Islamicists to the most liberal progressives and everyone in
between. Because that
is what democracy means. And now that the genie is out of the
bottle – I don't think The People are going to settle for
But say, worst case scenario, like many
idealistic revolutions where things end up worse than before,
the Brotherhood or someone of that nature DOES take charge?
DEAR USA, IT'S NOT REALLY THE END OF THE WORLD. You know what
it means? It means I might not be able to run in shorts
anymore in Luxor, but more people in Egypt will be able to eat
and get medicine for their babies. The Brotherhood is NOT a
particularly violent group.
Socially conservative and regressive, yes. I
wouldn't want to live under them any more than I want to live
under the "G"OP in America, those pasty bald guys who ALSO love
to deny women the right to dignity, equity and
self-determination. Just this week the USA "G"OP in the
legislative branch is trying to push women back 150 years [what
else is new] by redefining rape to further curtail our agency
over our bodies. Yeah, that one is getting covered up by all the
headlines being dominated by Egypt. So the people who have the
MOST fear of the Brotherhood – are the people who share the most
similar social agenda.
But violent, no. They totally renounce
violence except in the case of defense against colonialist
domination – or in the case of Israel. (The Brotherhood IS tight
with Hamas.) But from an Arab perspective, that's about
The Brotherhood is NOT AlQueda, and in fact
they hate each other. The confusion comes in with the US media
because some members of AQ branched off from the Brotherhood.
They share some religious dogma, but they disagree totally on
the issue of violence. And no jihadist group is going to be
able to carry enough popular support to gain – and stay – in
Most people seem to think ElBaradei – the
Nobel laureate – will emerge as leader. But again, the pulse is
changing minute by minute.
Another question I keep getting: Should
Mubarak step down now, or stay put until election time, or until
some more orderly process can be put in place for free and fair
I share people's concerns about what chaos
might ensue if he steps down immediately. But if he
doesn't step down, I fear more for what pain and suffering he
will vengefully inflict while he still can. See above: People
are still disappearing. People are still getting threats. I
think we need to trust the Egyptian people to get some sort of
governing body established, even if it is an interim thing.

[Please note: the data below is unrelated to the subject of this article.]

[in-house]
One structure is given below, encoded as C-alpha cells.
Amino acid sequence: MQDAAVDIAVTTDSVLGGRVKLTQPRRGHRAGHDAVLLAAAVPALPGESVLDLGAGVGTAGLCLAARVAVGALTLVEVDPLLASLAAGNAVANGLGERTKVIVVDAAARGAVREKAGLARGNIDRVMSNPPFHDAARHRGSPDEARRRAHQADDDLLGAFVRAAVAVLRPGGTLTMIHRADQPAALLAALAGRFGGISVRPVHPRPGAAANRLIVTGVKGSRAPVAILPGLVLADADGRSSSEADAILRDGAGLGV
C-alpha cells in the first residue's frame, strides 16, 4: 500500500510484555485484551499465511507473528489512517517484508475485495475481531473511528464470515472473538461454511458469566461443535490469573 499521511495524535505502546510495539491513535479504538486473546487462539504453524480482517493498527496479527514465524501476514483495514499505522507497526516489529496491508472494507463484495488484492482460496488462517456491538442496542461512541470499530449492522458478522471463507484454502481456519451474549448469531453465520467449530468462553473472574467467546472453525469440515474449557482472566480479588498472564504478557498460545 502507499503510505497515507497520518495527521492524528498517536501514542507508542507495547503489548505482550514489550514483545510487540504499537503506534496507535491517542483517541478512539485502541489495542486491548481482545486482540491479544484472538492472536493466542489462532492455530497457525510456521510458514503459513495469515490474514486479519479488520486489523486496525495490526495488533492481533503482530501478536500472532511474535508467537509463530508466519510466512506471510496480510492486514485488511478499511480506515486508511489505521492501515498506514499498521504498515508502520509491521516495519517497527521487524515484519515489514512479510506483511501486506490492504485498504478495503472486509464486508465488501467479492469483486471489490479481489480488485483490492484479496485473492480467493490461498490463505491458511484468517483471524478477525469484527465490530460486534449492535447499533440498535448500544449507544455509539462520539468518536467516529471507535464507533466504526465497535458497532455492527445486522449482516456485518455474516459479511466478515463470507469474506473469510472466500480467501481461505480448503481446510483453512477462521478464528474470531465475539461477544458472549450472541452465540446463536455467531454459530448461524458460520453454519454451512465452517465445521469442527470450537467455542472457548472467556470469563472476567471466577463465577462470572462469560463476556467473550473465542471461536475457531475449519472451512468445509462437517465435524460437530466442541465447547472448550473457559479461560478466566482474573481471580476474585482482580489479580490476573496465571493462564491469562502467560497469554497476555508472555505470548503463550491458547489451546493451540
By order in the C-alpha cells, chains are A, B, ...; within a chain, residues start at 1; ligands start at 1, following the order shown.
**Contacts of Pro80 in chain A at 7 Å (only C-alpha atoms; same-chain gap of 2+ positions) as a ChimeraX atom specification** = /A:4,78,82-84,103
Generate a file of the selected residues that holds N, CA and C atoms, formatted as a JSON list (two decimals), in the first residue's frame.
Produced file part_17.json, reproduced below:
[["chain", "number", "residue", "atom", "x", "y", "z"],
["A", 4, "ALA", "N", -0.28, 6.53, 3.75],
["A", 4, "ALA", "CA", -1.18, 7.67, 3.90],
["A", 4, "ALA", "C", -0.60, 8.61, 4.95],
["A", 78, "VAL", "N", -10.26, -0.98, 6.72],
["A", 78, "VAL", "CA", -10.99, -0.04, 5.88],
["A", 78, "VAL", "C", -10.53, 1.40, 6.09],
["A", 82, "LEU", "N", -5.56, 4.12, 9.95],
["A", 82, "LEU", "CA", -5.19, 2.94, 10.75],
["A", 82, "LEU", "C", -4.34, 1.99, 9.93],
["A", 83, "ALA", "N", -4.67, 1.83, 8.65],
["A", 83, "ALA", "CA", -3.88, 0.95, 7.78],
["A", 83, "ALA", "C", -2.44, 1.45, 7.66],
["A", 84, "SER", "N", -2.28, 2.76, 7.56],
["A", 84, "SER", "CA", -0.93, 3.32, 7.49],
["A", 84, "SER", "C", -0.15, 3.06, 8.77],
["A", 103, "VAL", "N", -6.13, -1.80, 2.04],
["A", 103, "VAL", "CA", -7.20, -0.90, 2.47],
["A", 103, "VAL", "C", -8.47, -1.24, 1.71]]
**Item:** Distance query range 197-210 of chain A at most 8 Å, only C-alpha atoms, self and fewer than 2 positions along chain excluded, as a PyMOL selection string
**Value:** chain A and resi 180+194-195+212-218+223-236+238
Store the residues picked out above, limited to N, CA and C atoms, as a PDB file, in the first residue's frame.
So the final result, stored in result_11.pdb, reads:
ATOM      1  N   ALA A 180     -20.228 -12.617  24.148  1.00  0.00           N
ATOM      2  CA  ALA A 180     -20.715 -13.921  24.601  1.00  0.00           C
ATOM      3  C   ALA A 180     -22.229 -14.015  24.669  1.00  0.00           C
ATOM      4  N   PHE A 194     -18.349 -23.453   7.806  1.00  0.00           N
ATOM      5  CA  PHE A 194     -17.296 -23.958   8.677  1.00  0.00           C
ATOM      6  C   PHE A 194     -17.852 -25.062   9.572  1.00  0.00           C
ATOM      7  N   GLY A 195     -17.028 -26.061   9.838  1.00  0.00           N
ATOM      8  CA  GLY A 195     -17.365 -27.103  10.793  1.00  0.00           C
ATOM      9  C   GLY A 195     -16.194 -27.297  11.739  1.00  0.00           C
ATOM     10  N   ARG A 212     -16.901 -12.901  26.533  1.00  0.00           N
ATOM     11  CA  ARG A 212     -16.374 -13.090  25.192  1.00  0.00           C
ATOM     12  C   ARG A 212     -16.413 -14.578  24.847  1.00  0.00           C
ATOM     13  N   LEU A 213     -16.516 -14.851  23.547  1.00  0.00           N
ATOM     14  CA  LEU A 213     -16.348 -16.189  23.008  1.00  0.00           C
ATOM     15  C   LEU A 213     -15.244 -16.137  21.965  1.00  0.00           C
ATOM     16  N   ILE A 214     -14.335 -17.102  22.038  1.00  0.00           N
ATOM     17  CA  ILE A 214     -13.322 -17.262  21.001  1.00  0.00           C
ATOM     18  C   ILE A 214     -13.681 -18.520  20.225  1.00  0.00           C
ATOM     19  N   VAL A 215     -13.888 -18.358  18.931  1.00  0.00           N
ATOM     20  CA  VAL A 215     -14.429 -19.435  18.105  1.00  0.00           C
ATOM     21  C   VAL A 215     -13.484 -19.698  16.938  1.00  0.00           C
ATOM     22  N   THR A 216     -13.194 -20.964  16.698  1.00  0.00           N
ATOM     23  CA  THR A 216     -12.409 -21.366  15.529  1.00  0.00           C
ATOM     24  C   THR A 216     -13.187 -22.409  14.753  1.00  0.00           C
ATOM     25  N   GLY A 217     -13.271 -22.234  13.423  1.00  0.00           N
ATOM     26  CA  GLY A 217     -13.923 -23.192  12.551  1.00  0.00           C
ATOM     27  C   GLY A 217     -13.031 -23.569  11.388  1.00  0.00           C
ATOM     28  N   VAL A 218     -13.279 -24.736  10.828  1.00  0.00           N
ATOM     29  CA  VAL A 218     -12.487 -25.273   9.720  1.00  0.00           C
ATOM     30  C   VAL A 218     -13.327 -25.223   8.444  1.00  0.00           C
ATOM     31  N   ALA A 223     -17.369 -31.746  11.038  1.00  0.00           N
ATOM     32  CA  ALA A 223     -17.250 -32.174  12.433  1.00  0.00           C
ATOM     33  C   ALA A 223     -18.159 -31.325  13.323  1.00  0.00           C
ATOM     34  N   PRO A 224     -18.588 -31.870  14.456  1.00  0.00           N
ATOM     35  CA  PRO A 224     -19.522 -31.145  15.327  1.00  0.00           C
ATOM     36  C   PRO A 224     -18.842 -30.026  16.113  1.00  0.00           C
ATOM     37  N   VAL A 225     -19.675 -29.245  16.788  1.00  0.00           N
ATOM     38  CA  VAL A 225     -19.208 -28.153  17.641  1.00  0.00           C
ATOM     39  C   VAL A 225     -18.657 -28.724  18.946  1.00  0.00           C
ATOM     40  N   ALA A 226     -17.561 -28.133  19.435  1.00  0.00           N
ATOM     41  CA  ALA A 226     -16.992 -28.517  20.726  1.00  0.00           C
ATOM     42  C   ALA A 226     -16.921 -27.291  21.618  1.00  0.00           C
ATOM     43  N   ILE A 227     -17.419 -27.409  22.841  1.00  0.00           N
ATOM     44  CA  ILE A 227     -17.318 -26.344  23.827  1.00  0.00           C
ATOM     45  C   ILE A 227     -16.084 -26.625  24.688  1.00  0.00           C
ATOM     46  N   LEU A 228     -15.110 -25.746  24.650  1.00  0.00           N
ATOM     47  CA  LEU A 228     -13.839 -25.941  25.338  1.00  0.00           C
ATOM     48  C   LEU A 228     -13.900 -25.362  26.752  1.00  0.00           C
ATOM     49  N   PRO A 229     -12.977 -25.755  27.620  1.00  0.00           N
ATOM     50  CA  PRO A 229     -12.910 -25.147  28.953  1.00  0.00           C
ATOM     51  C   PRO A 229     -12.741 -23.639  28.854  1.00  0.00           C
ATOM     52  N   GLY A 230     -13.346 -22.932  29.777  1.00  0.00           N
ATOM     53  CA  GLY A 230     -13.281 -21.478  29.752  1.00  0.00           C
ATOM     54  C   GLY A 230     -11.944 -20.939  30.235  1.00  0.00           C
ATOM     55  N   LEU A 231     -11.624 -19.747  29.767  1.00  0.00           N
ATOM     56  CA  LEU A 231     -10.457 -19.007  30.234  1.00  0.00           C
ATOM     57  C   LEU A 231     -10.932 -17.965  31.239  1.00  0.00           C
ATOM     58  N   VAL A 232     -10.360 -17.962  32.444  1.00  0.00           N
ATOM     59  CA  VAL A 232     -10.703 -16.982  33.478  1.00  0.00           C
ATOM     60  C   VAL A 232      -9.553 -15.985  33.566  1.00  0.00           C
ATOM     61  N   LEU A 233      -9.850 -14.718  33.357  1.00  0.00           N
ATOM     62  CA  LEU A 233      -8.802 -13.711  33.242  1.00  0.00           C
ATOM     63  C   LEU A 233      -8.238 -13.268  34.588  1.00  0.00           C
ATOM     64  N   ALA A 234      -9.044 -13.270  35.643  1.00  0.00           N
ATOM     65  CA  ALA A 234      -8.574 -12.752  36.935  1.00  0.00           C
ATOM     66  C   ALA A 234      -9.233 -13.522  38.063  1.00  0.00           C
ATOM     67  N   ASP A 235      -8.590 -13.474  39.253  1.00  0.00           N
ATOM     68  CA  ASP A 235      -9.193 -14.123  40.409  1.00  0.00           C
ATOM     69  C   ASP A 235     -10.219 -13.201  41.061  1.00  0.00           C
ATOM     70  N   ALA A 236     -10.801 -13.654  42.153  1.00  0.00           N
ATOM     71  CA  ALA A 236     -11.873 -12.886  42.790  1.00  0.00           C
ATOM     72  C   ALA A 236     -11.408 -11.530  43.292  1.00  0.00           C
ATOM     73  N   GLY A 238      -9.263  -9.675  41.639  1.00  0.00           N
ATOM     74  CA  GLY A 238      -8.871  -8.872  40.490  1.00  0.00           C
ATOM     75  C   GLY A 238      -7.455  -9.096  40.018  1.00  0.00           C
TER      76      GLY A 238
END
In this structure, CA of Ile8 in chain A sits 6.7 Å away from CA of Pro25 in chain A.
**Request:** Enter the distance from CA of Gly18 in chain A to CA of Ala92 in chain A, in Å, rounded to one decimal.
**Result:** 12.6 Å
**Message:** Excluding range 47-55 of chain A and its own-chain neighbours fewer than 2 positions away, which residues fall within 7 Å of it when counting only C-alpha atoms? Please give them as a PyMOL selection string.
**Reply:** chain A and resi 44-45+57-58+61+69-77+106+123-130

They have historical precedents. They have had sweeping
changes and revolutions before. They aren't a mere 200+ years
old, like us.
What should Obama/Clinton do?
I have no doubt there is plenty of behind the
scenes stuff that the US is doing. I think one reason the
Egyptian military has remained so chill is they are heavily
financed by the US. I've read casually (I think in Al Jazeera)
that we foot the bill 25%, but I encourage you to do your own
research on that. For this reason, I personally expect that the
army is taking orders from Obama more than Mubarak, since
Mubarak will likely not keep his post, but US funding will
remain. One Middle East scholar at a recent lecture, however,
suggested that the military is siding with the people because
they take an oath to THE CONSTITUTION, not to Mubarak, and they
feel Mubarak has violated the constitution. Again, I encourage
you to do your own further research if you have questions about
In any case, Obama has to APPEAR, at least, that he is
staying the heck out of it. Otherwise, anyone who comes into
power will look like a puppet of the US, like Mubarak was, and
this will breed anti-US sentiment. And this just fuels the Islamicist groups. This struggle is about the right to
self-determination. The Egyptians don't want us to "save" them
any more than they want us using them as a pawn with Israel or
any more than they want to be sprayed with tear gas canisters
that say "Made in USA" on them. They don't want that
One voice I have not heard in this: Amr
Moussa (Secretary General of the League of Arab Nations).
Where is he?
I may have more comments after Thursday's
panel discussions. But for now – AlJazeera English is where
it's all happening: http://english.aljazeera.net/
"helplessness transformed into agency and power"
Power to the